How cryptocurrency is changing the world

Money may make the world go around – but cryptocurrency is turning it on its head.

In this lesson, we take a look at how digital currencies are quite literally changing the world.

As you read this, ordinary people across the planet are using them to tackle real-life financial and economic challenges. Some countries are even proposing replacing their traditional national currencies with cryptocurrencies.

The case studies below demonstrate the transformative power of cryptocurrencies – both today and in the future.

Cryptocurrency case study #1: Venezuela

Venezuela is suffering from hyperinflation. The economic meltdown has resulted in insane prices for ordinary goods; a wheelbarrow of cash can barely buy a loaf of bread and supermarket shelves are so empty that they’re practically licked clean.

Basic household necessities are not only unaffordable - they’re increasingly unavailable. To keep their families alive, people have started mining Bitcoin. This allows them to make up to around $500 a month, which means they can afford to order things like nappies and medicine online.

The hardware used to mine cryptocurrency draws a lot of power but, while food in Venezuela is scarce and cash is useless, electricity is plentiful and heavily subsidised.

Unfortunately for Venezuelans, mining is considered an illicit activity - Venezuela has no cryptocurrency laws in place to regulate the market. As a result, miners are being arrested and this has forced others to take their operations even deeper underground. More miners are also turning to Ether mining as a more profitable alternative to Bitcoin.

Who are these miners you ask? No, not some cloaked cult of tech experts. They are people from all walks of everyday life – academics, shopkeepers, a former Miss Venezuela and even politicians.

Mining in Venezuela may not be a legally permissible practice, but it is giving its people a means to survive the current economic crisis. A more open approach that weighs up the real benefits of cryptocurrency could potentially help the country stabilise sooner rather than later.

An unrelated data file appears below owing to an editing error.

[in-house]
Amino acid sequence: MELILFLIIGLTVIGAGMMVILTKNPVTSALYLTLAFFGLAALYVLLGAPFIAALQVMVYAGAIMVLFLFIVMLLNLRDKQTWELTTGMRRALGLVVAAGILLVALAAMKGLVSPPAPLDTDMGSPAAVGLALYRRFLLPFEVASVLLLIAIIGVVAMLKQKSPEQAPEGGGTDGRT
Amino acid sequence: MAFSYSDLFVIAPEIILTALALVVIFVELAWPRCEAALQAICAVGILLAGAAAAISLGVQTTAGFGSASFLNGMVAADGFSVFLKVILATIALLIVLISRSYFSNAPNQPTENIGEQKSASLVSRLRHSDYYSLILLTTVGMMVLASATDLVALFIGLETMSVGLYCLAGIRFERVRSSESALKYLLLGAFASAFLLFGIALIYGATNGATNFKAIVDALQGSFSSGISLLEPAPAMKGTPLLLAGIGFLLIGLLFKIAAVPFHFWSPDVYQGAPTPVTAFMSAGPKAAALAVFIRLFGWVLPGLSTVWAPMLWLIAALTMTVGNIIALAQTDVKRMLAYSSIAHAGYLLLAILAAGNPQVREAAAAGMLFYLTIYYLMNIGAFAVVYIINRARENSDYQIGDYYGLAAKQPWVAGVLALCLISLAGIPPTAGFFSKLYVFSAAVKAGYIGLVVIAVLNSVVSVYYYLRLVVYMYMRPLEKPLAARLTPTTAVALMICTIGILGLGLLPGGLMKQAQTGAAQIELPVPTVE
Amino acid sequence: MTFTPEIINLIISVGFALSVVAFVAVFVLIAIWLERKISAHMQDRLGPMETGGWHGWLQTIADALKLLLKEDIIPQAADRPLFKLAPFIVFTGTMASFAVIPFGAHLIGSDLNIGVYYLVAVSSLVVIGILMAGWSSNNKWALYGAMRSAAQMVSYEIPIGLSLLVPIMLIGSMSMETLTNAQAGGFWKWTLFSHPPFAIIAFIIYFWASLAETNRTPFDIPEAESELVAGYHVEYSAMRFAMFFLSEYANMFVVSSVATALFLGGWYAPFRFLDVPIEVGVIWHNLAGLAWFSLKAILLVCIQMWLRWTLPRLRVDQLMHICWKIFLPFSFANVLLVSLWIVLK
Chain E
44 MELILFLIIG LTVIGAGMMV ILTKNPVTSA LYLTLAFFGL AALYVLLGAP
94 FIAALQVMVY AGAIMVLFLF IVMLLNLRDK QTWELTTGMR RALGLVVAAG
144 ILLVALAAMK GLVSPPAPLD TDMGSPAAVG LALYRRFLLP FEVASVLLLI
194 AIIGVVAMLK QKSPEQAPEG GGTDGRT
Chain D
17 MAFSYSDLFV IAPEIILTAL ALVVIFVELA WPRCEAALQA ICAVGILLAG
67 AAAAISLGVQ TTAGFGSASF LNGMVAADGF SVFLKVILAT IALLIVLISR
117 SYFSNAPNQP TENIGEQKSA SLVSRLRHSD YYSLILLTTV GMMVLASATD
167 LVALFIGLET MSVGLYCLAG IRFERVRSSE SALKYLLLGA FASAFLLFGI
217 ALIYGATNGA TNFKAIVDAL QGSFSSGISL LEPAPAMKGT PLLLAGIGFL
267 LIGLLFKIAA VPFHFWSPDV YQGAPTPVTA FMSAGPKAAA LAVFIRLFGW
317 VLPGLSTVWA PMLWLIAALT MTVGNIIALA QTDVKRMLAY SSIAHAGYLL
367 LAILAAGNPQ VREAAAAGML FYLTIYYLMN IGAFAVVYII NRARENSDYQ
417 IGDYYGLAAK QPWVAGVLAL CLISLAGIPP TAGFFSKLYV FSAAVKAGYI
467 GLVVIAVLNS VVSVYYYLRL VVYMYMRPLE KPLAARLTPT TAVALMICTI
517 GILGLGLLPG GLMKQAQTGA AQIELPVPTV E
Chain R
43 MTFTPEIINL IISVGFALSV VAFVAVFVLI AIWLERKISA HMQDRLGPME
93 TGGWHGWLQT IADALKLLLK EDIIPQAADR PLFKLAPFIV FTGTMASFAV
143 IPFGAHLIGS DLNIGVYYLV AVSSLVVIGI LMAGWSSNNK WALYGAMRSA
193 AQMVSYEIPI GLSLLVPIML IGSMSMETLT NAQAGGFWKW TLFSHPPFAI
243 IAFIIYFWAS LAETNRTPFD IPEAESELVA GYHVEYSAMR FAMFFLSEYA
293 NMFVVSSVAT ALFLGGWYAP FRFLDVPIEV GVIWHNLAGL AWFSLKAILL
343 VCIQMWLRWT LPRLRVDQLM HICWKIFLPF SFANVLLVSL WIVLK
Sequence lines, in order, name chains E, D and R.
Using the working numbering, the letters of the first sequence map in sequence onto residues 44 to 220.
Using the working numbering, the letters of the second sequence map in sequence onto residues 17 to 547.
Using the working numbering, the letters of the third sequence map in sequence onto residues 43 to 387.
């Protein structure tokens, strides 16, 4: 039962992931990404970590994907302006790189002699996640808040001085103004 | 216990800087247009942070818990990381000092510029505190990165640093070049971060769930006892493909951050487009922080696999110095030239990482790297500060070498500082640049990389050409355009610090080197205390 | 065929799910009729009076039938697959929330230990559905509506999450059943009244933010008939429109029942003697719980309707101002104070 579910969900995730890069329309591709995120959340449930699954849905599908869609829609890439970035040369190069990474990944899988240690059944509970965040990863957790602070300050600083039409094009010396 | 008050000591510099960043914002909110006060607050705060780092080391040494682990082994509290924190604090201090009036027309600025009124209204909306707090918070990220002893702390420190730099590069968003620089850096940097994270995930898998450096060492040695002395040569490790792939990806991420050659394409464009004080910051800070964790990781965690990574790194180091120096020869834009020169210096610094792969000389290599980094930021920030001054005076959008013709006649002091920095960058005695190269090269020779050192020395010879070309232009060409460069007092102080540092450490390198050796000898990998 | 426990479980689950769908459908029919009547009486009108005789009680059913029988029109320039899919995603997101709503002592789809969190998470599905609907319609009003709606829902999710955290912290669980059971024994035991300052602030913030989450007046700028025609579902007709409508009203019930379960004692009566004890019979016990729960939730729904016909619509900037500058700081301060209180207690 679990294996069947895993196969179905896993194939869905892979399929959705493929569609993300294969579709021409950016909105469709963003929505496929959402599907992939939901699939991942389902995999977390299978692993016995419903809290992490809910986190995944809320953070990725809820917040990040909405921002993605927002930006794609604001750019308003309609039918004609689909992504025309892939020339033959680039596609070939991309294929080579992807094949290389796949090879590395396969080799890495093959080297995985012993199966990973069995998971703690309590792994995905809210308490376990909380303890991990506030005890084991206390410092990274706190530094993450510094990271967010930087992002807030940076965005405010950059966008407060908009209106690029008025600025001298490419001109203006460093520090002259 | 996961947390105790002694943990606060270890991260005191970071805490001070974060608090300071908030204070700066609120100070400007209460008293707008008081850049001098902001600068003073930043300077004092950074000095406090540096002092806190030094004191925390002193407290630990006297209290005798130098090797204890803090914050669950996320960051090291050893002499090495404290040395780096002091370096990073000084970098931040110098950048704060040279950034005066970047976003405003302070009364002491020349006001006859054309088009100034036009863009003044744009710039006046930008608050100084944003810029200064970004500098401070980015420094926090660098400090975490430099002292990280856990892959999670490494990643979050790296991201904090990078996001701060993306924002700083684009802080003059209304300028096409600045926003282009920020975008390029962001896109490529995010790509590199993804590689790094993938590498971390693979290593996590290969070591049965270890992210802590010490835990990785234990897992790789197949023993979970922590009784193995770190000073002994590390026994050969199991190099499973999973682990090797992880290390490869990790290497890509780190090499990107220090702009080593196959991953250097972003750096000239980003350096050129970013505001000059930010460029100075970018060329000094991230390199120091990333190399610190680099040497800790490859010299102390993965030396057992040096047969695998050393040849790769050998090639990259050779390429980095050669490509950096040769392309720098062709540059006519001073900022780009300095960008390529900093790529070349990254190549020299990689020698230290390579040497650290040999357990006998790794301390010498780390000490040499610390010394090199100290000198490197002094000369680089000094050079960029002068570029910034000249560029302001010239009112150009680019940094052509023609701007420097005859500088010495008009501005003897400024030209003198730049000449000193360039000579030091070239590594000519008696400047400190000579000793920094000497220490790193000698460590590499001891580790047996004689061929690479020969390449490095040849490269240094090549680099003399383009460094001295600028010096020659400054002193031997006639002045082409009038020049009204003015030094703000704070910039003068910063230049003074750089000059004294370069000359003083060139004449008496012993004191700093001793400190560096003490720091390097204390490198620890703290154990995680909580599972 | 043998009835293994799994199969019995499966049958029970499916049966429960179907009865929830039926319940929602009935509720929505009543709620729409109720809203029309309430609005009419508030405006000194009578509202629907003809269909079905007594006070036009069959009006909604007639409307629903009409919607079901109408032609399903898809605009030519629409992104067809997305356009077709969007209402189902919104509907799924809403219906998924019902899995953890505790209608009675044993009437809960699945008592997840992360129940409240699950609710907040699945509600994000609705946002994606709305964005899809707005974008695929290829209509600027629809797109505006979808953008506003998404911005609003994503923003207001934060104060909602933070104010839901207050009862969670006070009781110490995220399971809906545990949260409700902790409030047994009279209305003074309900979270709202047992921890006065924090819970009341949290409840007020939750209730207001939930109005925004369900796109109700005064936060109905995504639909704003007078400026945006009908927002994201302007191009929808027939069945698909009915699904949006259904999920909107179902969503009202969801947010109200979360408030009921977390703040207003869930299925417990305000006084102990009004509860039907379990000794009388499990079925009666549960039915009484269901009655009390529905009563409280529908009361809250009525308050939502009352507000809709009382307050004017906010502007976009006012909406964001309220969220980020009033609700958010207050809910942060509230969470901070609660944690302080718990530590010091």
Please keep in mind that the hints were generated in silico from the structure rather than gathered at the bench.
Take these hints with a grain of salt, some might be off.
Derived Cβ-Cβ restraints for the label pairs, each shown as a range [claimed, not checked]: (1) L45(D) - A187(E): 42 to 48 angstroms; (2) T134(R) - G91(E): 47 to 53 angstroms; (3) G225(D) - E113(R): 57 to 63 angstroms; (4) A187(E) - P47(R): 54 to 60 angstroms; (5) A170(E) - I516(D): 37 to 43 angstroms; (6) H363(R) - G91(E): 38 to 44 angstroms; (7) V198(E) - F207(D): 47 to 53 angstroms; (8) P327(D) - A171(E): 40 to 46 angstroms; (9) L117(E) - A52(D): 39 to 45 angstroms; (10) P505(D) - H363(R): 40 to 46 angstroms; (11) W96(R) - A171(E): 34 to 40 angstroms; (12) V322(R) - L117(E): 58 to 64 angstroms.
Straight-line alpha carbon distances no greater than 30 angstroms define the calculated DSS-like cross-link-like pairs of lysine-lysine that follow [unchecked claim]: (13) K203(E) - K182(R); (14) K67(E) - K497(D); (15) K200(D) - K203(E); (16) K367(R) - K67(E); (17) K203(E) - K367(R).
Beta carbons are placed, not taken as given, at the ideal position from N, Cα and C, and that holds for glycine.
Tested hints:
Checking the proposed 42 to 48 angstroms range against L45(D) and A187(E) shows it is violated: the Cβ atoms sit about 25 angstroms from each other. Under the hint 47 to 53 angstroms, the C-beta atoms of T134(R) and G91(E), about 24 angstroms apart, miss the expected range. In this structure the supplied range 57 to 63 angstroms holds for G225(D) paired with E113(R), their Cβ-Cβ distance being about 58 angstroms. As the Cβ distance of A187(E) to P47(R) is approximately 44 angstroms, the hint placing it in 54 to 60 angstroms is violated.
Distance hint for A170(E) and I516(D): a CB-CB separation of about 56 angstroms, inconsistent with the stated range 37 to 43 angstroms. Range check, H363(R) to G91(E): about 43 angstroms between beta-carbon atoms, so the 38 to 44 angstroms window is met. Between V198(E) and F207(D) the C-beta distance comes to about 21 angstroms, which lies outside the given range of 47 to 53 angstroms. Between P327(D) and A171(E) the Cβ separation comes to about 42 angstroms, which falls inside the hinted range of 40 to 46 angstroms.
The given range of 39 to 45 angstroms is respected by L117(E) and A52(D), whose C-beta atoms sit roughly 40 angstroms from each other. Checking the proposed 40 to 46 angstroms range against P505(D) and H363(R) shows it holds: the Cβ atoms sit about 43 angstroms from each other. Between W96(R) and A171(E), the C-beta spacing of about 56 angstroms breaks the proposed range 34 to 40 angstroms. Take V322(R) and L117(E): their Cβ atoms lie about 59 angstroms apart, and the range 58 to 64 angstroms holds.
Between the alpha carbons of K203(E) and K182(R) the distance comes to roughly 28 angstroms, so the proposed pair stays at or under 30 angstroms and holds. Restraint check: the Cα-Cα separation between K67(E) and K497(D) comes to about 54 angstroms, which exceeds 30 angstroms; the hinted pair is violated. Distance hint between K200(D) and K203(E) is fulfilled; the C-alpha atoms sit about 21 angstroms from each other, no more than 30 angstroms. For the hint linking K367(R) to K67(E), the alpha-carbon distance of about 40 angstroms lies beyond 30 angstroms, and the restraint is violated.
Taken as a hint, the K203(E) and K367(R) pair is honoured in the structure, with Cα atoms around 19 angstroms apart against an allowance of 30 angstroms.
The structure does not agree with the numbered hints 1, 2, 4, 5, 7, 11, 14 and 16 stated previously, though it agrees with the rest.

Cryptocurrency case study #2: Catalonia

It’s anyone’s guess what Catalonia’s independence will look like. The region has declared its devolution from Spain, but Spain refuses to let it go. As the political battle rages on, Catalonia is already giving thought as to what sort of independent financial system it would like to implement.

Catalonia may be small, but it has a thriving fintech sector and technology advocates are calling for a national cryptocurrency. It’s not the first region – or country – to do so, however.

Estonia proposed a plan for a ‘digital residency’, which would include a national virtual currency called ‘Estcoin’.

Estcoin would exist on a blockchain-based system, but it would be issued by the country’s central bank via an official initial coin offering (ICO). More about ICOs in a later lesson – they’re important.

Catalonian leaders are seriously considering going this route. In fact, it seems they have already met with fintech experts in Estonia, as well as with Ethereum founder Vitalik Buterin, to discuss its viability.

It’s still too early to say how these plans will all pan out. However, even if Catalonia does secure its independence, it will still need to navigate several geopolitical and economic hurdles before realising its national cryptocurrency dreams.

The European Central Bank, for example, shot down Estonia’s plans for a national cryptocurrency. As Estonia remains tightly linked with the EU, this roadblock seems to have dampened their enthusiasm…for now.

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What was Estonia’s proposed national virtual currency called?
Bitcoin
Estcoin
Ether
Ethereum